What to Expect for US Equity Markets

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Editor’s note: Murray Dawes is the editor of Alpha Wave Trader, a short-term trading service that trades stocks and indices from the long and short side. He is filling in for Harje while he is away overseas.

As I watch the S&P 500 slowly march higher day after day, just a few short months after it looked like the world was going to end, I shake my head in disbelief about what the markets have become.

I’m happy to put my hand on my heart and say that I got this wrong. I’m literally amazed that the US equity markets have recovered the prior fall without once having a correction.

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The US Fed is focused on the state of the equity markets

I guess the cat is out of the bag that the US Fed is 100% focused on the state of the equity markets, despite their constantly denying it.

After 10 years of pumping the markets higher to escape the GFC, I honestly thought we had finally reached the point where the powers that be would attempt to normalise rates. If only in fear of creating a larger monster down the track if they didn’t act.

I had read the speeches by Chairman Powell. He talked tough years ago, saying that he thought the Fed was being too loose in its policies and was creating a moral hazard by bailing the market out every time there was a whiff of a problem.

The glaring catch 22 was put on full display at the start of the year, when the threat of rising rates caused markets to fall, leading to the Fed backing down from raising rates.

The stability of the system is now so brittle that a fed funds rate above 2.5% can’t be handled.

Yahoo Finance news is saying that Trump is asking the Fed to lower rates by 1% even as the equity markets hit new all-time highs! Huh?

I can remember when Trump was criticising the Fed for keeping the party going for too long. But now that he’s President, he wants them to keep rates as low as possible. Gee, what a surprise.

So how does this play out from here?

The S&P 500 is nudging right up against the all-time high after rallying in a straight line for four months. The market is well and truly overbought in the short term, but a solid move above the all-time high may very well ignite a melt-up rally.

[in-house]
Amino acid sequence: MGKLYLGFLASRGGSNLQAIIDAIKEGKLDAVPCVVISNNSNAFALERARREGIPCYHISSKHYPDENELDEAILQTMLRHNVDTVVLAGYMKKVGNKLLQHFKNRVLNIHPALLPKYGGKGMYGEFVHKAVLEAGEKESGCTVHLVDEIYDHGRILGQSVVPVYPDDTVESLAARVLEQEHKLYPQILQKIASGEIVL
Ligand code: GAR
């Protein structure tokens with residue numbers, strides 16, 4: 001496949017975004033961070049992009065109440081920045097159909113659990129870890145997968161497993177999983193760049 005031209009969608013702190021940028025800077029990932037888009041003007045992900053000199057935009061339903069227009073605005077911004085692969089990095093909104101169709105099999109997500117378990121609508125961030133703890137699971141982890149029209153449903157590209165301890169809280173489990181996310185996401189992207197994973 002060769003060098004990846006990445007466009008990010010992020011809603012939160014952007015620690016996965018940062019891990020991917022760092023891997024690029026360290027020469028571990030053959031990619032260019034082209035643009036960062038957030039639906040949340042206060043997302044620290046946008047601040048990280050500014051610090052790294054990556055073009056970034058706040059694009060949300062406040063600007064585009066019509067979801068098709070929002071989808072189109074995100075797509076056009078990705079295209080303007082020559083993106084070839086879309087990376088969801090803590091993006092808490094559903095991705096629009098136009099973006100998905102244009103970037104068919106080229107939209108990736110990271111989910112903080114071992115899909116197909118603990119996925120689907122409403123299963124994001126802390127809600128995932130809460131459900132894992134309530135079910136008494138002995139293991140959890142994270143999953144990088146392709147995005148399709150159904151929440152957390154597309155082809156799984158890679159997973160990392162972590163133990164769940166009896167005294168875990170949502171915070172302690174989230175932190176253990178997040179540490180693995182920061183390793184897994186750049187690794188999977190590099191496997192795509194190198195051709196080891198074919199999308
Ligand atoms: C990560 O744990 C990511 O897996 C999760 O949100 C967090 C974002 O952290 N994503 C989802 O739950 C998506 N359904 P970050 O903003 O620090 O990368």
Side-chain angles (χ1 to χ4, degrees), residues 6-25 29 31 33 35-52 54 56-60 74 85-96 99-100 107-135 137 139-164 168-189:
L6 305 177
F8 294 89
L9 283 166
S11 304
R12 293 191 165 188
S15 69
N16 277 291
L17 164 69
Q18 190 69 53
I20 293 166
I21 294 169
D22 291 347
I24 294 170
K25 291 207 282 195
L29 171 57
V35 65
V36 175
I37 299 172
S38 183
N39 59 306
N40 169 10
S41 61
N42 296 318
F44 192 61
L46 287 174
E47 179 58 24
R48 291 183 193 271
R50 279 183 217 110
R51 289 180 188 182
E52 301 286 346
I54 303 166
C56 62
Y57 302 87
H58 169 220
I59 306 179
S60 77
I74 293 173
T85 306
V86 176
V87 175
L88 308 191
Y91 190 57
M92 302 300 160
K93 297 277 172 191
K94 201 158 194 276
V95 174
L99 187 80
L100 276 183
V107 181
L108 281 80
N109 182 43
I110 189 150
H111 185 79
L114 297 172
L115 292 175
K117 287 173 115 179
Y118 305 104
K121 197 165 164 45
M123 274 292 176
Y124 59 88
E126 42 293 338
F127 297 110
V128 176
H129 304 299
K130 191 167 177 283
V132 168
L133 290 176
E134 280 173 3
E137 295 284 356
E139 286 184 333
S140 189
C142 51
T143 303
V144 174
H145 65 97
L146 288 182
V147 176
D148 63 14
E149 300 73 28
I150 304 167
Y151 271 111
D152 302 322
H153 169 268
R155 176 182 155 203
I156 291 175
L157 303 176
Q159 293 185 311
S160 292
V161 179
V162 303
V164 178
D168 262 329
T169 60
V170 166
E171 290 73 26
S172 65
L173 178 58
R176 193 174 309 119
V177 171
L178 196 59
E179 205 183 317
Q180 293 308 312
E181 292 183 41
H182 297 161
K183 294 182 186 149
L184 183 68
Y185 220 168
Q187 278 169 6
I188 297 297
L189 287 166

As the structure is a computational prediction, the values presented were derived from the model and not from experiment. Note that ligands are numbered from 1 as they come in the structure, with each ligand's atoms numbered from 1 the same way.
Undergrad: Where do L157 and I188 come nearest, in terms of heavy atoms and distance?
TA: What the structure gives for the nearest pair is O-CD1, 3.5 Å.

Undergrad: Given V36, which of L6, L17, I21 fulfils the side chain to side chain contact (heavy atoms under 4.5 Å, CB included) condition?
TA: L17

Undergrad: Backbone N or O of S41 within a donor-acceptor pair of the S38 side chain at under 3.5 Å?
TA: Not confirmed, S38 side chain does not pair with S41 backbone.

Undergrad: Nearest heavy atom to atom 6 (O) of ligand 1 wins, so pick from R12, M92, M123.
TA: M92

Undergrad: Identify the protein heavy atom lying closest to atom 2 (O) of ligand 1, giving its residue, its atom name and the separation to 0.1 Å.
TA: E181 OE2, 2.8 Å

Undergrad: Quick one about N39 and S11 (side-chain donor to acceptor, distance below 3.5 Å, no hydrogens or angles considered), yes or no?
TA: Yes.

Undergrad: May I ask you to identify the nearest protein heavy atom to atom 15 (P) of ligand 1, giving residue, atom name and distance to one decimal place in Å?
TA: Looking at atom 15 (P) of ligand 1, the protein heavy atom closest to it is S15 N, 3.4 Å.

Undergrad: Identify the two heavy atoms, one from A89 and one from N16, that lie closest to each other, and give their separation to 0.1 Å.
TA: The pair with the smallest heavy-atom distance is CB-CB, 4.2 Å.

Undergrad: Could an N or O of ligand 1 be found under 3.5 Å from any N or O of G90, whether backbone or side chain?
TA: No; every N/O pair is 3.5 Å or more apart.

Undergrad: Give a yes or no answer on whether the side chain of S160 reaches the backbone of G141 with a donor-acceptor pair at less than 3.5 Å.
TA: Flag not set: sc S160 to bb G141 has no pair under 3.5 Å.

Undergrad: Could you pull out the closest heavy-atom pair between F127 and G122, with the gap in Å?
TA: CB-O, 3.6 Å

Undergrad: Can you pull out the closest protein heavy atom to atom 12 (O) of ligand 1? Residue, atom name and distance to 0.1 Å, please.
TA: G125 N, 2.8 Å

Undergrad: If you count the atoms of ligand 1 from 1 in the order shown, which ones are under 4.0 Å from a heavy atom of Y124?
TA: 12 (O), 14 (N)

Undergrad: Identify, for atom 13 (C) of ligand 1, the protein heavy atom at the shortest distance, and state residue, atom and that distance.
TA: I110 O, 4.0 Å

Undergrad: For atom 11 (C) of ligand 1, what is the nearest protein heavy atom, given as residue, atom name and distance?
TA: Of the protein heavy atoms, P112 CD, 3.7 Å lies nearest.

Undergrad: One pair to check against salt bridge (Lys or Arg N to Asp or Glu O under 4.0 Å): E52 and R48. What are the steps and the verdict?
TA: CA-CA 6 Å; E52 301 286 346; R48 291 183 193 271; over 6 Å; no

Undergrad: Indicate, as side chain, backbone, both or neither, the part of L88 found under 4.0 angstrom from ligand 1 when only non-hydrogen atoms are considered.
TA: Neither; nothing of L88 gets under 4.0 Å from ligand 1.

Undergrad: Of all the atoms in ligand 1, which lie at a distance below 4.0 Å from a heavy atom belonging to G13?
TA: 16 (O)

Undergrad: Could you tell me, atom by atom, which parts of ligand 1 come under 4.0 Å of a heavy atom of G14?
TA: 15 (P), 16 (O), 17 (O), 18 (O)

The shorts will have thrown in the towel by now with a few stragglers left if we head a bit higher.

The FOMC meeting wraps up tonight and we’ll get an announcement at 4am Thursday morning Australian Eastern time. No change is expected, so a cut in rates would create some mayhem, but I’d eat my hat if they cut rates while growth is picking up, unemployment is below 4% and equity markets are hitting new all-time highs.

I expect their commentary to walk back some of the kitchen sink talk of the last few months. The market may not like that one bit.

This is the tightrope that the FOMC is now walking. Every word is analysed to the nth degree. The market crashing or going vertical all comes down to the turn of phrase in a document.

That is not a free market.

What will they do if the market does go vertical from here? How silly will they look if they turn around in six months with the equity market up another 20–40% and start raising rates again? Maybe they don’t care anymore. They’re so far into the unknown that we may need to see things get completely out of control before they will act.

The 1970’s inflation didn’t get under control until Paul Volcker stepped in as Fed Chairman and raised rates to eye watering levels to stop the rot.

Maybe that is the cycle the Fed is going to take. Keep pushing things until there is no option other than to collapse the economy and start again.

The Fed makes the rules

If you were a Fed Chairperson what would you do? Kick the can down the road and go to lots of nice dinners, or ignore the markets tantrums and restore some sanity? Kicking the can is really the only option left. The game of pass the parcel will go on until it can’t go on anymore.

What is a trader to do in such an environment? You can’t fight the Fed. If they do ignite a melt-up rally there will be plenty of money to be made, so you have to go with it. But you need to have your eyes on the exits because we will be entering the blow off phase of a 10-year bull market, and they rarely end well.

Every announcement by the Fed from this point on should be read carefully and the market’s reactions to those comments analysed to look for clues that fatigue is setting in.

I felt supremely confident that we were close to a correction just recently. Now I am happy to say that I am not sure what comes next. A breakout above the all-time high and a melt-up rally is feasible. So is a false break of the all-time high and a sharp correction from overbought levels. My gut feel is that it will be the latter, but a blow off rally will still occur at some point.

Which one we get may hinge in the short term on the comments made during the FOMC meeting being held tonight.

As a technical analyst there is always the temptation to ignore all the extraneous factors affecting the markets and just read the charts. But when it comes to the US Fed you must accept the fact that they make the rules that we all play by.


Murray Dawes,
Editor, Alpha Wave Trader

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About Murray Dawes

Murray Dawes is the Editor of Pivot Trader and contributing Editor at Money Morning. He was one of five, from 5,000 applicants, chosen for a graduate position with the Swiss Banking Corporation — now part of banking giant UBS. The bosses quickly cottoned on to his potential and pushed him…

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